Under CUNY mandate, attendance in EACH class is REQUIRED and attendance will be taken at each class meeting. You are allowed a maximum of 2 absences. If you exceed that number, you may receive a WU grade. Excessive lateness (more than 10 minutes) will be considered to be an absence from that class meeting. Attendance will be counted as portion of your course grade. Show the doctor’s note or family emergency note, otherwise each absent will be counted as 2% as portion of the course grade.
The assignments build progressively; it is to your advantage to attend each and every class meeting. New material is presented in every class. You are responsible for all matters treated in class, whether you are there or not. This includes the lecture, class discussion, handouts, lab (if required), announcements about changes in the course outline, and announcements about changes in test and final exam dates.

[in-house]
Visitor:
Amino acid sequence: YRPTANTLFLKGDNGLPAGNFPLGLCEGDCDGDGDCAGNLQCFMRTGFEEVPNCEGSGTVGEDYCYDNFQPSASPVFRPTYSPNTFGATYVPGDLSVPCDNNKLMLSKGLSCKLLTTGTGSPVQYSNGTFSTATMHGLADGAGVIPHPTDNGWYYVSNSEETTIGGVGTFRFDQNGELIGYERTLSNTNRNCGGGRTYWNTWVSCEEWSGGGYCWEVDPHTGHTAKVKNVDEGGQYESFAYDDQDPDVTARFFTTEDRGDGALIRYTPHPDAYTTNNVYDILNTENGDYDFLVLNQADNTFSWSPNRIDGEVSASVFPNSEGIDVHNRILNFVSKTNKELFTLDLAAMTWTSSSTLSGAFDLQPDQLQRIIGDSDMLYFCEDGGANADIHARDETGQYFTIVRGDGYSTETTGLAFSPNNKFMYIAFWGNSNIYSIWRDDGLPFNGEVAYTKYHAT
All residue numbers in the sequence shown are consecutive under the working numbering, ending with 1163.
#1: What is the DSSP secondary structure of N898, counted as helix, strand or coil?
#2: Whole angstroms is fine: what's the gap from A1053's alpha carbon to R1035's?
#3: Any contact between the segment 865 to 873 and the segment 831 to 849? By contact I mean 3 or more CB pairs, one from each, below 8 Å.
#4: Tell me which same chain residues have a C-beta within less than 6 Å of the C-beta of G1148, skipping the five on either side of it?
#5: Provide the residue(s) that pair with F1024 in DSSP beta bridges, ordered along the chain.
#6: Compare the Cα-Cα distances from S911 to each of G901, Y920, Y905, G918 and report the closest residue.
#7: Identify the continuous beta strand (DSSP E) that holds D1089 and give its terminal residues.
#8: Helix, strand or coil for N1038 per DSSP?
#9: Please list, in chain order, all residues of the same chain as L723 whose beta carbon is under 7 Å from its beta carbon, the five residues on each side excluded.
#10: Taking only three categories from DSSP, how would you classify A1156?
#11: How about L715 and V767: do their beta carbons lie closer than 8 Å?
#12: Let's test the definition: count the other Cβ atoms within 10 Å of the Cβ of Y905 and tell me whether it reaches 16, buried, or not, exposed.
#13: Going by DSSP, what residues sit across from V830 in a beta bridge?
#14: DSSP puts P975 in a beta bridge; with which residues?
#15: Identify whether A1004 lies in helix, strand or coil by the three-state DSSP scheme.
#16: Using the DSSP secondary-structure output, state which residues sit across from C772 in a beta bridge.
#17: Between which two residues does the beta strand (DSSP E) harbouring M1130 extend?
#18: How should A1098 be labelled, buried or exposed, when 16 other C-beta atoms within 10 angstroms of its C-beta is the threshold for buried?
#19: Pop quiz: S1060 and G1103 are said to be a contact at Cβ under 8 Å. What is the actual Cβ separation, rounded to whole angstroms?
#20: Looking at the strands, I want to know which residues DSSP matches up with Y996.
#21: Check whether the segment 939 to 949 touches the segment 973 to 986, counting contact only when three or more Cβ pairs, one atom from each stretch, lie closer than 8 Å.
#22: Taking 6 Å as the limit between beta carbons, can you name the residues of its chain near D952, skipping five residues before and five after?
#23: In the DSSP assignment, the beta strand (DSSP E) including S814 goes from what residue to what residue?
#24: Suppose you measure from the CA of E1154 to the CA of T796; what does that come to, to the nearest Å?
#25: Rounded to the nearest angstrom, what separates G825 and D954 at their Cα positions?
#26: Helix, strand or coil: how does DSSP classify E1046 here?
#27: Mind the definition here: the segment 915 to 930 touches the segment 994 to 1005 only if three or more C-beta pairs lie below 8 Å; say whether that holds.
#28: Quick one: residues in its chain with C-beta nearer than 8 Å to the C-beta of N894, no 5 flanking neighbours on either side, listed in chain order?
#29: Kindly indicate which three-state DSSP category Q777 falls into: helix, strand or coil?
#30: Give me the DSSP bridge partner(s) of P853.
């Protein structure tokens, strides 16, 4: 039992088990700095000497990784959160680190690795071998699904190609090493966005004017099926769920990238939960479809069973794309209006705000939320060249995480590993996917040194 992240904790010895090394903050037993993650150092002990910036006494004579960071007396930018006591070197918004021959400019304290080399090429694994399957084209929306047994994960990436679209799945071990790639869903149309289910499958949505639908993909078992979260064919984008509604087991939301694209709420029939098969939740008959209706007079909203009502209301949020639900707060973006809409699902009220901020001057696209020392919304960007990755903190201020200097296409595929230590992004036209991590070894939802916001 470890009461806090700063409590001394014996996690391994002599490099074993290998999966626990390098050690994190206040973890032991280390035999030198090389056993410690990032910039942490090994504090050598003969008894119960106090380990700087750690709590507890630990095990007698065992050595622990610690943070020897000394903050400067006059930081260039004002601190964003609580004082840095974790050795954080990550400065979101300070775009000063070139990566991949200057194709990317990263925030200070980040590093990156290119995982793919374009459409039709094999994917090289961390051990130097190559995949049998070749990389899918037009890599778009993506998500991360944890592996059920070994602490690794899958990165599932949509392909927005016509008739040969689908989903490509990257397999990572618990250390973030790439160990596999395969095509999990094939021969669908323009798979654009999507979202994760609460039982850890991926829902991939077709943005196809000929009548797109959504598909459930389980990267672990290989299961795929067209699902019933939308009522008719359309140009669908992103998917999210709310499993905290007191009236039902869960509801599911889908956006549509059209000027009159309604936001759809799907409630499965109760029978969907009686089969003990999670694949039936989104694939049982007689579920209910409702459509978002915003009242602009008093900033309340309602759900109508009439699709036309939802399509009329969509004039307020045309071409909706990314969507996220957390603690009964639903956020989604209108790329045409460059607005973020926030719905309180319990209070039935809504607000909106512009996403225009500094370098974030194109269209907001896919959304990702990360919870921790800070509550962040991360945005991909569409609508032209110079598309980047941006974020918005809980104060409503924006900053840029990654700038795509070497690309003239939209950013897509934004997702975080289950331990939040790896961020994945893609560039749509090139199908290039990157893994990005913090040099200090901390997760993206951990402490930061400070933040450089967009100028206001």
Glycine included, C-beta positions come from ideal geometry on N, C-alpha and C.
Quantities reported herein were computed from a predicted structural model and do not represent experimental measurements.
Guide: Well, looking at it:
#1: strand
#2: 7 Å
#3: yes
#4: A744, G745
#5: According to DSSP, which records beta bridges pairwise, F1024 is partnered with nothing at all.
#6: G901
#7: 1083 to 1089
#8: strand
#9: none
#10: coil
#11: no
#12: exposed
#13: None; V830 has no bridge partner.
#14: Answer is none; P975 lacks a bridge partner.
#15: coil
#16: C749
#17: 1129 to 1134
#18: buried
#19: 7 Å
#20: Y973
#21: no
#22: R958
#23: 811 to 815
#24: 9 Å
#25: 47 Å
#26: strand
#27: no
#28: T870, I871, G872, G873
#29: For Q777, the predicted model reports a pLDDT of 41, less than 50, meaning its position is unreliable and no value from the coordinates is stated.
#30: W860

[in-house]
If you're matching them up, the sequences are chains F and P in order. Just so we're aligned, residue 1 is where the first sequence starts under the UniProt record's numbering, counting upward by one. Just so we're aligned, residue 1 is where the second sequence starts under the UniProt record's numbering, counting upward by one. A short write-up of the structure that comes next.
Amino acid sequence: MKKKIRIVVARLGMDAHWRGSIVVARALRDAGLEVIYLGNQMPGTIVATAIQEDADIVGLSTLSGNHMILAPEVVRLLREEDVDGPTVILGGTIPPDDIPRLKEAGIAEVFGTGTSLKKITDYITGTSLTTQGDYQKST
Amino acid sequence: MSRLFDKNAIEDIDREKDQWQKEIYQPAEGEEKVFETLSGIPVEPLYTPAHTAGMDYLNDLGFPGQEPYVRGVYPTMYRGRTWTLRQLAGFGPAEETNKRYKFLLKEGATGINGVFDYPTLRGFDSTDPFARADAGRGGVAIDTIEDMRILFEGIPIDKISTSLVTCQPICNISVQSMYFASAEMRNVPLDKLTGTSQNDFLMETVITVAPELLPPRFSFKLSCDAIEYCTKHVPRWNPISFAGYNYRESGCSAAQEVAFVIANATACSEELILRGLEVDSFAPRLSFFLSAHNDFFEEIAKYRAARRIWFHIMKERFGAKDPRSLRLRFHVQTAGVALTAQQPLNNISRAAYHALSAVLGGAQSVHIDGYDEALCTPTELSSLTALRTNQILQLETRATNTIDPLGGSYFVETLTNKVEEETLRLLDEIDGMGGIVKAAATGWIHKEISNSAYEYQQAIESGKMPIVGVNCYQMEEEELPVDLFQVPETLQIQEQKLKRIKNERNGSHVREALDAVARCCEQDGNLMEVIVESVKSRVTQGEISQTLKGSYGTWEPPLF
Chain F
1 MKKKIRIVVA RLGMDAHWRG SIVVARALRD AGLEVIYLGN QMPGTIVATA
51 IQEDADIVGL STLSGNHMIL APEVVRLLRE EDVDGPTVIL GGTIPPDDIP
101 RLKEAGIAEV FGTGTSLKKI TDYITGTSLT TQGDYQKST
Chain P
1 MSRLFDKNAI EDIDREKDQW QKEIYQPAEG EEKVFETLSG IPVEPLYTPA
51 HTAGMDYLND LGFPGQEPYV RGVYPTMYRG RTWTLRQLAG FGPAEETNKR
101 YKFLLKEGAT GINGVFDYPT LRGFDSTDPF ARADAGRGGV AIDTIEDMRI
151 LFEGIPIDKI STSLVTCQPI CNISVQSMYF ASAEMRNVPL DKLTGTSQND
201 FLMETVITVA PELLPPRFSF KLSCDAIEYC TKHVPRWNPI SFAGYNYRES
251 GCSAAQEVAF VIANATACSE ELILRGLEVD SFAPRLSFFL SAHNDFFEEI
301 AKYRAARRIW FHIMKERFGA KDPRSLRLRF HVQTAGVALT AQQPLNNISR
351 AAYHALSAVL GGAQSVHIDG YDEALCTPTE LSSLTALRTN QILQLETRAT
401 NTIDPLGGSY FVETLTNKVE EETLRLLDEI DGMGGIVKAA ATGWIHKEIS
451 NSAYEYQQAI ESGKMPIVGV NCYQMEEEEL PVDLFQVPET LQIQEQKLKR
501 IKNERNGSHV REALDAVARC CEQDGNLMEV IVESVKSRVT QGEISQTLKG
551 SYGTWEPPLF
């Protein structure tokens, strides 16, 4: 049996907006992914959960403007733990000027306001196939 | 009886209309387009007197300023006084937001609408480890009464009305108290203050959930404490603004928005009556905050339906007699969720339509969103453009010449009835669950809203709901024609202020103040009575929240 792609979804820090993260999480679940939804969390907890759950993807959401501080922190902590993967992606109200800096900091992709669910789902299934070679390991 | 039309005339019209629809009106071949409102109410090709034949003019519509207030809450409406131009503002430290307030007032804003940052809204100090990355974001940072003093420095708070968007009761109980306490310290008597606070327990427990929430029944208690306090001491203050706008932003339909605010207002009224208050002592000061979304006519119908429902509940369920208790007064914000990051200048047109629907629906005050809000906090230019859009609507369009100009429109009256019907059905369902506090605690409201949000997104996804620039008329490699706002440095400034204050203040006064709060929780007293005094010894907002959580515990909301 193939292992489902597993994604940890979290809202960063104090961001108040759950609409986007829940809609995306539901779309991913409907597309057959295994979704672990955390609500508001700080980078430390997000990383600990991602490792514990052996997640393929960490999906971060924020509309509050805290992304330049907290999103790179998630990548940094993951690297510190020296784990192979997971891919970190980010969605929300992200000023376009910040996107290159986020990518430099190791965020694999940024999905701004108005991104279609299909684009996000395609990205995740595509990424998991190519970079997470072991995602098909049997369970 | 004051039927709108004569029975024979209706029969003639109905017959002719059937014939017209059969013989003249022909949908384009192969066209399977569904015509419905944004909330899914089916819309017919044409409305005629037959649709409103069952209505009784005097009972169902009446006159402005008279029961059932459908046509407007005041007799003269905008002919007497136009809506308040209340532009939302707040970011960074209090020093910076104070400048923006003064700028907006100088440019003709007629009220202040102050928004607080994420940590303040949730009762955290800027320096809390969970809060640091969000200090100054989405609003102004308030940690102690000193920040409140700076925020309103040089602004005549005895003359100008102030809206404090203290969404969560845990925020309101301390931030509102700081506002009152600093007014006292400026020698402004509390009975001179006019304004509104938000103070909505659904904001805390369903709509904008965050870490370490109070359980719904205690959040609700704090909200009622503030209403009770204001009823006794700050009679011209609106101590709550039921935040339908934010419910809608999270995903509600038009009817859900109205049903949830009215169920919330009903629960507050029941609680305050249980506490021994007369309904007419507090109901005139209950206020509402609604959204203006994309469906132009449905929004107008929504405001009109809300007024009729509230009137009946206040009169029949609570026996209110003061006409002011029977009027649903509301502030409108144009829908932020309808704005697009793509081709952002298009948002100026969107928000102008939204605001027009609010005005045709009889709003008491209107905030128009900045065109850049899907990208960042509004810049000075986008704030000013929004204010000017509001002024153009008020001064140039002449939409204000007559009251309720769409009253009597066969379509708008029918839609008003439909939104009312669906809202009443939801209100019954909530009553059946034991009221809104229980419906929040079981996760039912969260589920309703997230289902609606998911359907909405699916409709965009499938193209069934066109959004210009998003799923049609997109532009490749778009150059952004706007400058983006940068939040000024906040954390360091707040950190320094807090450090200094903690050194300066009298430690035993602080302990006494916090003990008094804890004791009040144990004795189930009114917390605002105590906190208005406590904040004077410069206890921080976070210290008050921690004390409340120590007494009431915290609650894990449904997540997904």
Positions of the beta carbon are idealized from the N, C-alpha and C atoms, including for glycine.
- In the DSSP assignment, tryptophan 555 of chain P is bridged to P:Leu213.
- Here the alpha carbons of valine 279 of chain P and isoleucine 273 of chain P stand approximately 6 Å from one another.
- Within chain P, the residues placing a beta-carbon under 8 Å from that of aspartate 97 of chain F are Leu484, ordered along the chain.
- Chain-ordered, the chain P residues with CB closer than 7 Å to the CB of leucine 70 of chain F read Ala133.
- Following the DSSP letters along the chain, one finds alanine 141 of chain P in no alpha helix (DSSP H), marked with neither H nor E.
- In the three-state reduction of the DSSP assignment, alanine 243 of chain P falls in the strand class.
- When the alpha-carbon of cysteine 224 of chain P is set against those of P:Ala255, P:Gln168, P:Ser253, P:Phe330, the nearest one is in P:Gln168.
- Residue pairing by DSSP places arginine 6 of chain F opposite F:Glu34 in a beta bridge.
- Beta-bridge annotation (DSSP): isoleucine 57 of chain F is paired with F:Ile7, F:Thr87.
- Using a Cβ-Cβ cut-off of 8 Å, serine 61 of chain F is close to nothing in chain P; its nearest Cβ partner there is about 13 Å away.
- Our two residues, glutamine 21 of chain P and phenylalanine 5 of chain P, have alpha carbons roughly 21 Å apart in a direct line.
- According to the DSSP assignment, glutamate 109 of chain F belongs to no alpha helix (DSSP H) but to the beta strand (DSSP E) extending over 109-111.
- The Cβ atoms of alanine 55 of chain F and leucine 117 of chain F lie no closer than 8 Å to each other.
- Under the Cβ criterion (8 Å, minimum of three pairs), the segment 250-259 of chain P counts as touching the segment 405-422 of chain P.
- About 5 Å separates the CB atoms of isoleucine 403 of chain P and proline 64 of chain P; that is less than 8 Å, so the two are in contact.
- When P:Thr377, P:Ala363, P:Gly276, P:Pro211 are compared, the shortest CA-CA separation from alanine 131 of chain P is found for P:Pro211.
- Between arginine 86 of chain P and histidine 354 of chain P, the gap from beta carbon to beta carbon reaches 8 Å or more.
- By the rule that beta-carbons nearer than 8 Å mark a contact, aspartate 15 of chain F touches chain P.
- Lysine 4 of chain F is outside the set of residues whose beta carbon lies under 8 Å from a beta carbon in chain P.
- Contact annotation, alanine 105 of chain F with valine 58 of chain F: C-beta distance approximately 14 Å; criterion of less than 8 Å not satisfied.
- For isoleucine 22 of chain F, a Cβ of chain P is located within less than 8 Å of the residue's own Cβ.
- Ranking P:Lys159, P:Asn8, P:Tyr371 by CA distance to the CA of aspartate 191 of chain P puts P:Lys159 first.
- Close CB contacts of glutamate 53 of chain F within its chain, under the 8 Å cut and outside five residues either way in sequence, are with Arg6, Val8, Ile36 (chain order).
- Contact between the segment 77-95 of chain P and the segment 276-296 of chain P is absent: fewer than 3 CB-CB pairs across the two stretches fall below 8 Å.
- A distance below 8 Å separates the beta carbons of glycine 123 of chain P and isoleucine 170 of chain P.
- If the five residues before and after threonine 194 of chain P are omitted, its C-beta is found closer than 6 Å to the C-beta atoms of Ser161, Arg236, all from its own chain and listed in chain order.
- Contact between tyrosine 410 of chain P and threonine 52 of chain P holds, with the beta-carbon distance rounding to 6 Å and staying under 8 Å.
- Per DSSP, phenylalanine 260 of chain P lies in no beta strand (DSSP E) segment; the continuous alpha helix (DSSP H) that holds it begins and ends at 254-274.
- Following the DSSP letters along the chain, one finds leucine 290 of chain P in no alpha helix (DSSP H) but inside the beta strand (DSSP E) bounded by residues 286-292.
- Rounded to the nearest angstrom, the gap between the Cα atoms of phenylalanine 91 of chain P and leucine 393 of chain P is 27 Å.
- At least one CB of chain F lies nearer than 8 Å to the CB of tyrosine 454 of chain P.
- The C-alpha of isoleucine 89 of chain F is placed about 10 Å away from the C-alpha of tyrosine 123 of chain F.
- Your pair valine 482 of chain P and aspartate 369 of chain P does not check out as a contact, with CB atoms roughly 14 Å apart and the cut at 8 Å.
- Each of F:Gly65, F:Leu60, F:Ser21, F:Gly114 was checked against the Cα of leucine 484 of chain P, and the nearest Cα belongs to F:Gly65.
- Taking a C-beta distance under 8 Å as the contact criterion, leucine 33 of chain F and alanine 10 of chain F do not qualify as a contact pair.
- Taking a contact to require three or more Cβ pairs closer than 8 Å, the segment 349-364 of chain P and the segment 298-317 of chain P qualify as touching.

Problems will be assigned regularly at the lectures. Assignment will be announced at the classroom and CUNY Blackboard. Your homework must be submitted to CUNY Blackboard on time.
Labs will be given regularly. Lab reports will be graded based on the project (lab) report formative. Grading of lab reports will take into account the quality of the written presentation (logical statement of objectives and conclusions, proper terminology, grammar, spelling, etc.)
Each Lab grade will be based on the lab report and the activities you involved.